Movement’s Genelle Willis says God gave her two words to sum up her recent experience on a mission trip to Nicaragua: purpose and peace.
She learned part of her purpose is serving daily the people in her life, including the people she works with at Movement, she says. And she found peace on the trip, as well.
She also accomplished something else: She climbed a mountain — something, she admits, that she just does not do.
“It was a personal triumph. No. 1, because it’s a physical challenge, and No. 2, it’s something I normally wouldn’t do,” says Willis, Movement’s leave of absence administrator. “On the way up, we saw children, and got to talk to them and play with them.”
Willis was one of seven Movement team members to venture to Matagalpa, Nicaragua on a mission trip — the third such trip Movement has offered to employees this year. After spending 10 days in Uganda, East Africa last summer, Movement’s leadership decided to make mission trips available to any employees interested in going. Movement’s nonprofit foundation offers employees grants to help with the costs of their trip as long as team members have raised most of the money themselves.
So far, employees have gone to Uganda, Haiti and now Nicaragua.
“I really appreciated how inviting they are, how much they help each other and it just makes me want to create that type of environment here,” Willis says of the Nicaraguan mission. “We have to work together here, too.”
The team partnered with Eric and Wendy Harbinson and their ministry, In His Steps. Their son Brett Harbinson, Movement’s talent development director, led the trip.
It was the first overseas mission trip for Sean Earhart, a talent acquisitions coordinator who works at Movement’s National Sales Support Center in Fort Mill, S.C. As a family friend to the Harbinsons, he watched them leave corporate America to become missionaries in a socialist, developing country.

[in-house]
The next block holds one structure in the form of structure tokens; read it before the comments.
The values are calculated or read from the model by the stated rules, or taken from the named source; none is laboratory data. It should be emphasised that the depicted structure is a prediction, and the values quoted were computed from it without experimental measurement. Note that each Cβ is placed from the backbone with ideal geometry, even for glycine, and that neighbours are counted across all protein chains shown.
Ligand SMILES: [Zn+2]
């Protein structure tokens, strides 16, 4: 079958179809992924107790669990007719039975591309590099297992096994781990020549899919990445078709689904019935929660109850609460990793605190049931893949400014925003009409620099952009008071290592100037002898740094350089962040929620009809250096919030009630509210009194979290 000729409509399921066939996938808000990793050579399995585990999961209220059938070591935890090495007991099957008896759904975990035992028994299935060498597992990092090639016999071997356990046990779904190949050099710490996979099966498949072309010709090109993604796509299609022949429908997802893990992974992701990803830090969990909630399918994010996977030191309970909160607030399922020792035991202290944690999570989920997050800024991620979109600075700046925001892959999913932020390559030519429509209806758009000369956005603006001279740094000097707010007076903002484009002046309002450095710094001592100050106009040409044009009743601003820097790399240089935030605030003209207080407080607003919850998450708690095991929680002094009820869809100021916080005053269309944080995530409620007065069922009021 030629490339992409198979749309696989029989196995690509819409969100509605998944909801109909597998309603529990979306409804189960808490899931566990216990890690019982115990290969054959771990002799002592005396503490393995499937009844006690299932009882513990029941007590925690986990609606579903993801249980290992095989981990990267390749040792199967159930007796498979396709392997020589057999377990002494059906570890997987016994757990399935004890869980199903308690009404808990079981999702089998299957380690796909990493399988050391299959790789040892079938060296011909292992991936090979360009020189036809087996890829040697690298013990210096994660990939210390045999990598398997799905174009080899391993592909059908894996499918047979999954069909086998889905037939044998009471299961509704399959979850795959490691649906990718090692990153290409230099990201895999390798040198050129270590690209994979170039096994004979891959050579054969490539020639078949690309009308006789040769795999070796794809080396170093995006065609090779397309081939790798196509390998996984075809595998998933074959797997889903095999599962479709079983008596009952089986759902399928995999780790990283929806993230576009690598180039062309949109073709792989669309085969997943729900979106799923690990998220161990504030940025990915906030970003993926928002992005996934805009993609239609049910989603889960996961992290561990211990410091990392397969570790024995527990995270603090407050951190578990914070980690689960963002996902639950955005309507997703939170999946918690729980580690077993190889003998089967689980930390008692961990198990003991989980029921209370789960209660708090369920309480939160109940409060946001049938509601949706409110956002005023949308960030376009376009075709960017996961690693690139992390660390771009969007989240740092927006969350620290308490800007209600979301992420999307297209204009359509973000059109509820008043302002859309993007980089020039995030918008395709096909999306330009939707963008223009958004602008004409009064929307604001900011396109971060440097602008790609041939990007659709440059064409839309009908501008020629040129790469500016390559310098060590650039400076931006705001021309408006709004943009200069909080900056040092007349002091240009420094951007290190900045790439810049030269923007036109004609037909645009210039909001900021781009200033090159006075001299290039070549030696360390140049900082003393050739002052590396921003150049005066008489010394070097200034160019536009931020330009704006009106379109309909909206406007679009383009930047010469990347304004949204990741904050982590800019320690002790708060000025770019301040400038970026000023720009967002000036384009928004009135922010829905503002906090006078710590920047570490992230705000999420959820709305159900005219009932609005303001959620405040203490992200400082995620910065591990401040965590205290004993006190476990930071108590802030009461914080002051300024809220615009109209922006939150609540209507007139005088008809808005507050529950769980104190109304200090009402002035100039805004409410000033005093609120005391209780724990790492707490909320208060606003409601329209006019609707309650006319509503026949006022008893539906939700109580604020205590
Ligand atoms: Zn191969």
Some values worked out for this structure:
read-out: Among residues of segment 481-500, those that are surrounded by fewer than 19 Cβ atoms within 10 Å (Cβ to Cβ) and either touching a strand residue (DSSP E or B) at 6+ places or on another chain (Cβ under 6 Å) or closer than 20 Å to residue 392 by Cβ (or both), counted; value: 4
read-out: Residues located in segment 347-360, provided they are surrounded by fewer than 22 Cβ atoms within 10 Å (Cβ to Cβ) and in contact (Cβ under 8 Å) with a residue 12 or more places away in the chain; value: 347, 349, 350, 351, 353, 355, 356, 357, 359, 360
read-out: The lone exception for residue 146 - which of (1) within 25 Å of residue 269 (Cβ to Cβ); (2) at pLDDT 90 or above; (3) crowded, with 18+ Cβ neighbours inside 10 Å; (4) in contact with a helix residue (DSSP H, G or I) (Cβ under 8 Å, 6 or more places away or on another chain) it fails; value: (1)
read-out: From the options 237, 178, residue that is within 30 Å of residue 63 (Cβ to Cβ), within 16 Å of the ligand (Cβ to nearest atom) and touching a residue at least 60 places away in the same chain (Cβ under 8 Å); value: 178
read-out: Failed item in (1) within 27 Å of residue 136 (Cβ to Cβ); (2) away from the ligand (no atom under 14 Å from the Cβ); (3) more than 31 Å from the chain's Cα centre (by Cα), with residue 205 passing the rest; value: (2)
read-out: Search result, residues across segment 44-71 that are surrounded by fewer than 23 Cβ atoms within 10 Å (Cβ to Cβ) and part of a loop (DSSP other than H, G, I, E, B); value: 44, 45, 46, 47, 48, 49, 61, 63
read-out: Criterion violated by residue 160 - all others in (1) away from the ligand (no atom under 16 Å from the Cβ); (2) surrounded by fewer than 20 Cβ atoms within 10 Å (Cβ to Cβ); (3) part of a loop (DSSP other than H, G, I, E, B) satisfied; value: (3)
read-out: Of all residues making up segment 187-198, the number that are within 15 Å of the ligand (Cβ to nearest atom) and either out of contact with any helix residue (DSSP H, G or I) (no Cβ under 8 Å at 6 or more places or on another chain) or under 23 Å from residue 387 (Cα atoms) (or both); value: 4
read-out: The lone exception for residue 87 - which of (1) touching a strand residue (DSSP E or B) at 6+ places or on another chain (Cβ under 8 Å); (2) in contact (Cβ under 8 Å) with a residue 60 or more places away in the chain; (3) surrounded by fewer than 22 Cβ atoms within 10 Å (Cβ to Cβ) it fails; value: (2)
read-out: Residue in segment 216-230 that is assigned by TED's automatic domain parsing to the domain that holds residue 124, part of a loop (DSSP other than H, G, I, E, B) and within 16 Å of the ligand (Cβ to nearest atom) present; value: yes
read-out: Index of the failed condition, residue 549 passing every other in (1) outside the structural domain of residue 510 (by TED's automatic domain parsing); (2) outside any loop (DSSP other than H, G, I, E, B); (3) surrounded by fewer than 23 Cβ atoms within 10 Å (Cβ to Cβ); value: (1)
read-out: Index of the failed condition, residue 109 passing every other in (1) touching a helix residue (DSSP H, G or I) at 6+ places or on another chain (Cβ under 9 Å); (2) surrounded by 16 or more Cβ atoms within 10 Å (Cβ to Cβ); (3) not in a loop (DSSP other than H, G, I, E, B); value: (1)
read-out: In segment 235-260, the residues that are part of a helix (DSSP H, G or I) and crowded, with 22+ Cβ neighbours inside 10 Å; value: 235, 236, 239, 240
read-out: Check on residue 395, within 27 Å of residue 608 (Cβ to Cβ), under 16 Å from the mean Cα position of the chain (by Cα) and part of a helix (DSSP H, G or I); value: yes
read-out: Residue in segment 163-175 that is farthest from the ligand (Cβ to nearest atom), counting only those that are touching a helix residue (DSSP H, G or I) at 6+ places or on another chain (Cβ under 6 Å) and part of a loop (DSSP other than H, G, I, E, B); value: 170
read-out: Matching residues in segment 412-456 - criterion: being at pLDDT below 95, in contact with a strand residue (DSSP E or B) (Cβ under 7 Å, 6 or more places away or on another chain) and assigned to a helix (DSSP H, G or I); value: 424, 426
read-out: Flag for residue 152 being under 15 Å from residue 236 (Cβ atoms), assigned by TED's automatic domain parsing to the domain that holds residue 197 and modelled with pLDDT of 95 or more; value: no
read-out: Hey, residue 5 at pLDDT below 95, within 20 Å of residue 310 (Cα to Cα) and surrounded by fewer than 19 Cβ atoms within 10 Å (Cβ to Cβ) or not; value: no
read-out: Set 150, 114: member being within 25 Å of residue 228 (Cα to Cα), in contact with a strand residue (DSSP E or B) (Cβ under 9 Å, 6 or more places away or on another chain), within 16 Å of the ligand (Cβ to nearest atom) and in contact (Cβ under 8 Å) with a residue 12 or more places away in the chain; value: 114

“They moved there and sat, kind of quiet, and let the community accept them,” Earhart says. “They just opened their doors and held Bible studies and slowly got to know the students, to know the people around them.”
The Harbinsons work with students studying English at UNAN, a national university. They also visit students in their homes around the city.
“They’re living in little shacks, dirt floors, living next to the pigs and horses,” Earhart says. “It’s different when you’re hanging out with these students, and you don’t really know where they live. But when you actually see the person in their environment, it’s pretty impactful.”
Team members helped deliver cooking technology designed to solve health issues from smoke inhalation and safety issues from the huts catching fire.
Instead of cooking over an open flame in their small stick huts, the team delivered a portable, smokeless, cool-to-the-touch stove to a family in the mountain village.
For some, the trip reinforced why working at Movement is more than churning loans and making profit. Just ask Matt Konlande, a Movement branch manager in Texas.
“The fact that we work for an amazing company helps. We work for a place whose mission is to love and value people. I got to see that in a different light going down there. I think it’s made me a better person coming back here, whether I’m talking to employees, or customers, or business partners.”
For others, the trip produced both spiritual and physical gains.
Says Willis: “I learned a lot from the people I went with, how they get up and read their Bible and journal. And how they’re physically fit, I’ve worked out every day since I got back.”